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Langmuir : the ACS journal of surfaces and colloids

Slow Relaxation of Shape and Orientational Texture in Membrane Gel Domains.


PMID 26501924

Abstract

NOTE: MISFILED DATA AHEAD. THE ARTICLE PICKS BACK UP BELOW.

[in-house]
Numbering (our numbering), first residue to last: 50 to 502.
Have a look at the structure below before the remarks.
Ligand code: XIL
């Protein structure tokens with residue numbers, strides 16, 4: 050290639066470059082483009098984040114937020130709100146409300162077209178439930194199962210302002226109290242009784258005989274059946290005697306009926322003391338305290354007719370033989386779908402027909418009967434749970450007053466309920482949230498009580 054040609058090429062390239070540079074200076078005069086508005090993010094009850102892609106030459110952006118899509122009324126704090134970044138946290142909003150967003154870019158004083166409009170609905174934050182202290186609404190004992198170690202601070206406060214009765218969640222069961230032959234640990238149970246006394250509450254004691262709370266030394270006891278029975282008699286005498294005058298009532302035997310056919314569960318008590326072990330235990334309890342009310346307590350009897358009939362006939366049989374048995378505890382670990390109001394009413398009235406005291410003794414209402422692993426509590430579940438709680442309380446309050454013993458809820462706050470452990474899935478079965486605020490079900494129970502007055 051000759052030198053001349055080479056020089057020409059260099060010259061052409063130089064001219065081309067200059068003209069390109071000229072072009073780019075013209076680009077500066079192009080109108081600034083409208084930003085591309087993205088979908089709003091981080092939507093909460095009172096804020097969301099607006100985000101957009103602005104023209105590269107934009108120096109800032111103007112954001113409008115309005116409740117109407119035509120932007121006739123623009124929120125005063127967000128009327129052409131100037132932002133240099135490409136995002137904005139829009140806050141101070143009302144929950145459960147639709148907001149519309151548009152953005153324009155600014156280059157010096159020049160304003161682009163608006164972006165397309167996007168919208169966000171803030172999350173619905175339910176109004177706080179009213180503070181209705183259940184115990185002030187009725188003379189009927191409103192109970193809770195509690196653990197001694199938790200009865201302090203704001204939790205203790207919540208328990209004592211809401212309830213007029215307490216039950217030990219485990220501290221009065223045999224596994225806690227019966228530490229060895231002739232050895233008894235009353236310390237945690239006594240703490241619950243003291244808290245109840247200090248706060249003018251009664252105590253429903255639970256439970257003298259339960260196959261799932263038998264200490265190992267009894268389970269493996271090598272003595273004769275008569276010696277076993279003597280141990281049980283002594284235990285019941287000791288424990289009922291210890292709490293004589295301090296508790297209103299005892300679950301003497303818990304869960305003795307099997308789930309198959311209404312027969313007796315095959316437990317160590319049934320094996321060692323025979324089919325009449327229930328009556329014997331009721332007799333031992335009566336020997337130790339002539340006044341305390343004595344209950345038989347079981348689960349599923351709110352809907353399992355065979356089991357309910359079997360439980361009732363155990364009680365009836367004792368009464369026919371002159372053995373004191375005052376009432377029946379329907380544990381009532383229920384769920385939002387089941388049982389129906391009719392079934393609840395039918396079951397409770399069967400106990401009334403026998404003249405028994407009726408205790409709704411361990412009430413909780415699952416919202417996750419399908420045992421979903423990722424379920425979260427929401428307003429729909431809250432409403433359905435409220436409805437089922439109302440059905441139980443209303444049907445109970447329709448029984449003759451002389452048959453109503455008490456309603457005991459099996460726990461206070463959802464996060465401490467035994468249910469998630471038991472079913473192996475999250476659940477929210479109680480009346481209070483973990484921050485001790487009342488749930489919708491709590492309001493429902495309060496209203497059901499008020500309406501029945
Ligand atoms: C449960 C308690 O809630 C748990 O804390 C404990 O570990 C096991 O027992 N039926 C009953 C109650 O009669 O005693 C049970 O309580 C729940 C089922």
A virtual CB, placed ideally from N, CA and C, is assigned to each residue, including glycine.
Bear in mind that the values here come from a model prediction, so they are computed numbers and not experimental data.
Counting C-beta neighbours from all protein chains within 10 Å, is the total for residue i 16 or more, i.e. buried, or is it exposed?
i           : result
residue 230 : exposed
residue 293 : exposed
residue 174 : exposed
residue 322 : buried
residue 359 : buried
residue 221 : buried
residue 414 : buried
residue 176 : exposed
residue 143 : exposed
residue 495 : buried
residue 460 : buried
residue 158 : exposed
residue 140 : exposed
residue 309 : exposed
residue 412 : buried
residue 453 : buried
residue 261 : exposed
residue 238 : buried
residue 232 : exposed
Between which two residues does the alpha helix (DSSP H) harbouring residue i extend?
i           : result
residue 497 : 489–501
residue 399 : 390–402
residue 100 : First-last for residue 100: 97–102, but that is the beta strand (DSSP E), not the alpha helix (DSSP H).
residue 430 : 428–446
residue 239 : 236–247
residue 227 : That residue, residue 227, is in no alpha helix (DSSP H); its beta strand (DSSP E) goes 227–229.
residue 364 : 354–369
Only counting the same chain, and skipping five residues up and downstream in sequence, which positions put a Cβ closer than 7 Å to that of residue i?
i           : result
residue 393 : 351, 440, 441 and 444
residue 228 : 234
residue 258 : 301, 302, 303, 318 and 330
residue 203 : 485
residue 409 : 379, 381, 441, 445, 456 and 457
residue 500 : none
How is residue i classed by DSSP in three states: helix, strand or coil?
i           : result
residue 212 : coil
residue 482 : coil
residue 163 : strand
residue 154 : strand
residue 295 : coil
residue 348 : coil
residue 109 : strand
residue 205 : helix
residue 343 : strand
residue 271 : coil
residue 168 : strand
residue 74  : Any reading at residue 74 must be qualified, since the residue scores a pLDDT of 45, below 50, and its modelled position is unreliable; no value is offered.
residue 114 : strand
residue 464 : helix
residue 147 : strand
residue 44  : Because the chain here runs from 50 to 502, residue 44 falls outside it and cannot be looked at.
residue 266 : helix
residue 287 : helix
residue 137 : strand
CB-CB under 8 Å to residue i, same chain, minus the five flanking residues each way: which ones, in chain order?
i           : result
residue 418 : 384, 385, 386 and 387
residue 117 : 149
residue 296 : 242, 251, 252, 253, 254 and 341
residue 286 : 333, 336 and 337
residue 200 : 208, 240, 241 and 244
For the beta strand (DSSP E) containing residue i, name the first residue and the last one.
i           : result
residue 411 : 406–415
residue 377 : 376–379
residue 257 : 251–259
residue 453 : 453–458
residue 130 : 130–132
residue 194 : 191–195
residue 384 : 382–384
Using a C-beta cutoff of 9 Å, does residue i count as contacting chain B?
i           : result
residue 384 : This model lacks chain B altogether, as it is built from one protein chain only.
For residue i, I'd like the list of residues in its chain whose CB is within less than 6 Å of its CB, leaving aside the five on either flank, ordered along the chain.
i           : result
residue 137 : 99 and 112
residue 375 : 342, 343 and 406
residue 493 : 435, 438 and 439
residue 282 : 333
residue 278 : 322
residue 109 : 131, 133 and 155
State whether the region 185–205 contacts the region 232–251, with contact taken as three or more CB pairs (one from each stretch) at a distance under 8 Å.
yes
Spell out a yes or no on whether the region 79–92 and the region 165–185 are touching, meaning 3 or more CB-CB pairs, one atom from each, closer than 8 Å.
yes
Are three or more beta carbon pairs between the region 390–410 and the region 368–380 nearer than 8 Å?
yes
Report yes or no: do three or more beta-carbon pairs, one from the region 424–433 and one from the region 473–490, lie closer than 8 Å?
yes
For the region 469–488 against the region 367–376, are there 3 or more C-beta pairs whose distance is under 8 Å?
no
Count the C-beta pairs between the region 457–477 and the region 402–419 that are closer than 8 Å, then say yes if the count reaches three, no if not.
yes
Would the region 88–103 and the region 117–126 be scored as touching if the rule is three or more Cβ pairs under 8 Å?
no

Gel domains in lipid bilayers are structurally more complex than fluid domains. Growth dynamics can lead to noncircular domains with a heterogeneous orientational texture. Most model membrane studies involving gel domain morphology and lateral organization assume the domains to be static. Here we show that rosette shaped gel domains, with heterogeneous orientational texture and a central topological defect, after early stage growth, undergo slow relaxation. On a time scale of days to weeks domains converge to circular shapes and approach uniform texture. 1,2-Dipalmitoyl-sn-glycero-3-phosphocholine (DPPC) enriched gel domains are grown by cooling 1,2-dioleoyl-sn-glycero-3-phosphocholine (DOPC):DPPC bilayers into the solid-liquid phase coexistence region and are visualized with fluorescence microscopy. The relaxation of individual domains is quantified through image analysis of time-lapse image series. We find a shape relaxation mechanism which is inconsistent with Ostwald ripening and coalescence as observed in membrane systems with coexisting liquid phases. Moreover, domain texture changes in parallel with the changes in domain shape, and selective melting and growth of particular subdomains cause the texture to become more uniform. We propose a relaxation mechanism based on relocation of lipids from high-energy lattice positions, through evaporation-condensation and edge diffusion, to low-energy positions. The relaxation process is modified significantly by binding Shiga toxin, a bacterial toxin from Shigella dysenteriae, to the membrane surface. Binding alters the equilibrium shape of the gel domains from circular to eroded rosettes with disjointed subdomains. This observation may be explained by edge diffusion while evaporation-condensation is restricted, and it provides further support for the proposed overall relaxation mechanism.